Rep. Weldon then asked if there was a change in the way that the project personnel identified flaws and recommended changes between the beginning and the end of the investigation. Young replied that there had been a change noting that initial reactions from project personnel were that they had run a lean efficient project. As the list of things that were risky began to mount during the investigation, they saw that there were some systemic things that were not readily apparent on first examination. This was especially noticeable as the tests for the Mars 2001 lander (a near twin of MPL) began to show a series of incremental problems.

Rep. Gutknecht tried to find out if any one had been identified as being responsible for these failures. Young replied that his committee “did not try and establish a hierarchy of blame”. He then repeated what he and Casani had said before – that miscommunication was found at all managerial interfaces between HQ, JPL, and Lockheed Martin. Gutknecht replied that this seems to have been “a management leadership problem”. The witnesses agreed.

Rep. Smith asked who’s idea it was in the first place to leave the telemetry subsystem off of the MPL. Casani replied that this was a joint JPL/Lockheed martin decision but that it was not so much a decision to leave the telemetry system off as it was a decision not to put one on in the first place. The logic being that that system did not directly contribute to the success of that mission. In hindsight Casani agreed that such a capability should be included so as to allow NASA to learn from its mistakes and make I more likely that future missions would not suffer the same fate.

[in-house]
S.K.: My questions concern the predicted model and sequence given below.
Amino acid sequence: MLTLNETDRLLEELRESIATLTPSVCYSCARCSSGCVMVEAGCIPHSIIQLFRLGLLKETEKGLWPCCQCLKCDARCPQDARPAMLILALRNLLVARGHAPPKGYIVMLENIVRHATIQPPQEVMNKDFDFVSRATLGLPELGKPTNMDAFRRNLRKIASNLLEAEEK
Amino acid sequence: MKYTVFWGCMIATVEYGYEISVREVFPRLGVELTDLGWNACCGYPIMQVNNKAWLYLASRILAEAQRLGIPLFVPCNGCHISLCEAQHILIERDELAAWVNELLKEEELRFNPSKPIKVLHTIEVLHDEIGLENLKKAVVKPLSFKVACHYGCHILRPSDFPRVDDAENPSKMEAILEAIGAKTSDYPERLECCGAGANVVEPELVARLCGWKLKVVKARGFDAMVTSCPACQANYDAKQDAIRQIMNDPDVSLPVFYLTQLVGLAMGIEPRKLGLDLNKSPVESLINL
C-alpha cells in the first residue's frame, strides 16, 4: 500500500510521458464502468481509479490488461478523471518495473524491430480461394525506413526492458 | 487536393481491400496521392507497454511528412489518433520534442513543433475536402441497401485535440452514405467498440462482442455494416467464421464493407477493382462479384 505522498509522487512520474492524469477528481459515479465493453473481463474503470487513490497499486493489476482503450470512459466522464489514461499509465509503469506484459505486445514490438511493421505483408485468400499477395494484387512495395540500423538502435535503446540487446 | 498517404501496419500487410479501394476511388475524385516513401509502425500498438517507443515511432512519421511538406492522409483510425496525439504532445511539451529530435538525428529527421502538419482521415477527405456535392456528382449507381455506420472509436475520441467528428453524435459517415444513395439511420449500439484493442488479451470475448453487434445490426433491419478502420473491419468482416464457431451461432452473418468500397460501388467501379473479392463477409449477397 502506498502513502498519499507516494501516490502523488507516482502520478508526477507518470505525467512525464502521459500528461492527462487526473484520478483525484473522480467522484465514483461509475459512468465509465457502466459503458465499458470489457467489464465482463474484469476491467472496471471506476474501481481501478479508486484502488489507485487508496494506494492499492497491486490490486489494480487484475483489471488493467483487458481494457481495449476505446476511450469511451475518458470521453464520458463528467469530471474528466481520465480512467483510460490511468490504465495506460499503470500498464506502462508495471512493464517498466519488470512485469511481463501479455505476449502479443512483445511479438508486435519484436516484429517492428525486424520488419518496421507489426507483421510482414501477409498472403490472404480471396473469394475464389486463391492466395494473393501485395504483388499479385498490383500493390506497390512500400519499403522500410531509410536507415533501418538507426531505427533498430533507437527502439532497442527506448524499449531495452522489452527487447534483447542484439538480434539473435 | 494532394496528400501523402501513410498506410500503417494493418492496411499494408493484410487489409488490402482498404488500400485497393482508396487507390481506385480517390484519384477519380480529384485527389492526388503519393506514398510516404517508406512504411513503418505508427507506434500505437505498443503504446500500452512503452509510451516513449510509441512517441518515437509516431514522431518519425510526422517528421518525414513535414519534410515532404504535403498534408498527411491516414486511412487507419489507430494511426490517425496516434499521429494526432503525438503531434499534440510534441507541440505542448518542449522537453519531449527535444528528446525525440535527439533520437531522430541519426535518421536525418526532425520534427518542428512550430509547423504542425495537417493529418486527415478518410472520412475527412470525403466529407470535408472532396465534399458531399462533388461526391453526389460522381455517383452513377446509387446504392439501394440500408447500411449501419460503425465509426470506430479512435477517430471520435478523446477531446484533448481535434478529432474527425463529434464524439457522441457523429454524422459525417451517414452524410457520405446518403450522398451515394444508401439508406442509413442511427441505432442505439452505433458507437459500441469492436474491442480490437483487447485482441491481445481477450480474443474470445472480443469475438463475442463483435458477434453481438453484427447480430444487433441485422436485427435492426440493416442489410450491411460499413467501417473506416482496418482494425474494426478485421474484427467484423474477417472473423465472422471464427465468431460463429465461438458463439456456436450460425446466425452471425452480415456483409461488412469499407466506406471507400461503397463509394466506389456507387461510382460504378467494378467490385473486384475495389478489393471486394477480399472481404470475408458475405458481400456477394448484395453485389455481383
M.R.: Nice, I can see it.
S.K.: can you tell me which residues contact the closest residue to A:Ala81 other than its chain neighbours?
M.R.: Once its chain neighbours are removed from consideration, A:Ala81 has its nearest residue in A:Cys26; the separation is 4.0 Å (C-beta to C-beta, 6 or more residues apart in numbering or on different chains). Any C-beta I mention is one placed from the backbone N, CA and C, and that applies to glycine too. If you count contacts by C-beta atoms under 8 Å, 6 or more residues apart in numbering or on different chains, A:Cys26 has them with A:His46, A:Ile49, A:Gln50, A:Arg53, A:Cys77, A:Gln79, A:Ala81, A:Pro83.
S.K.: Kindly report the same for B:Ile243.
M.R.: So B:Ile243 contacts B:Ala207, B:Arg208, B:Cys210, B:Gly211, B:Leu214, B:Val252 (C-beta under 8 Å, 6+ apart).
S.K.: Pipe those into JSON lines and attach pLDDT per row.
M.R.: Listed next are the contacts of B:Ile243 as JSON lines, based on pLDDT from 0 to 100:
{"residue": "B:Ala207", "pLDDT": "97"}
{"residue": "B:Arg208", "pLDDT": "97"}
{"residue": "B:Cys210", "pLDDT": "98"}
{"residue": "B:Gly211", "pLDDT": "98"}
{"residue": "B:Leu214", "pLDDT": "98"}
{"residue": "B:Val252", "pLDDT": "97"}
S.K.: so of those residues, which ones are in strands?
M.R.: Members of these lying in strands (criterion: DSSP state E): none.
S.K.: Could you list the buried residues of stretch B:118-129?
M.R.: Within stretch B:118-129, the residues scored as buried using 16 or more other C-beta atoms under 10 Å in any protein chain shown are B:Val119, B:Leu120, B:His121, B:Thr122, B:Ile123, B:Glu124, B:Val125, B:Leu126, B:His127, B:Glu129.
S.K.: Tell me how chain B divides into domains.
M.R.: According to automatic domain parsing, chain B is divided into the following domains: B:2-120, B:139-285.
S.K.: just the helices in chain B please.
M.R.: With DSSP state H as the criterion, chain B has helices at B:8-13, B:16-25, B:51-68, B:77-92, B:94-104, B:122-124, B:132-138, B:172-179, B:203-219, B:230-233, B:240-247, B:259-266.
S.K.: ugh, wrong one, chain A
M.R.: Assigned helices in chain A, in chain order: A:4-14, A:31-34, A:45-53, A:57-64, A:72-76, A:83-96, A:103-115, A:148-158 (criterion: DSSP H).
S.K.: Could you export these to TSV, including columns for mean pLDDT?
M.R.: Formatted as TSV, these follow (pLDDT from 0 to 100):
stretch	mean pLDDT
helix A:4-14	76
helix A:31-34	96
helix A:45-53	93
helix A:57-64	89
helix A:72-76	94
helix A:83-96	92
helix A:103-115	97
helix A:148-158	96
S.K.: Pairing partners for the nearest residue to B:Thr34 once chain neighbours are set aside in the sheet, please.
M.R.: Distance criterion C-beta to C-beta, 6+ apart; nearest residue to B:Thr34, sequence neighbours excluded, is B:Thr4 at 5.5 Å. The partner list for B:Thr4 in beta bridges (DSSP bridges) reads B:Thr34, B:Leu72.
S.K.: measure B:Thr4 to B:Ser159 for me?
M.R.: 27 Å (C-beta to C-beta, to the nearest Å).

Rep. Sensenbrenner closed by thanking Young and Casani for having provided a service to their country and noting that the exploration of Mars is important for science as well as for our country. As was mentioned at the opening of this summary, Sensenbrenner made it clear that there would be additional hearings and that the Science Committee was going to be an active partner in helping NASA to fix these problems.

Background Information

° Science Committee Media Advisory, Hearing charter, and Witness list

° Opening Statement by Rep. Sensenbrenner

° Opening statement by Rep. Hall

° Testimony of Thomas Young, Chairman of the Mars Program Independent Assessment Team before the House Science Committee

° Testimony of John Casani, Chairman of the JPL Special Review Board before the House Science Committee

° NASA Reveals Probable Cause of Mars Polar Lander and Deep Space-2 Mission
, SpaceRef, 28 March 2000

° Two Mars Mission Reports Delivered to NASA; A Third to Follow, SpaceRef, 13 March 2000

° Focus on Mars Polar Lander, SpaceRef

° Whole Mars Catalog, SpaceRef

SpaceRef co-founder, Explorers Club Fellow, ex-NASA, Away Teams, Journalist, Space & Astrobiology, Lapsed climber.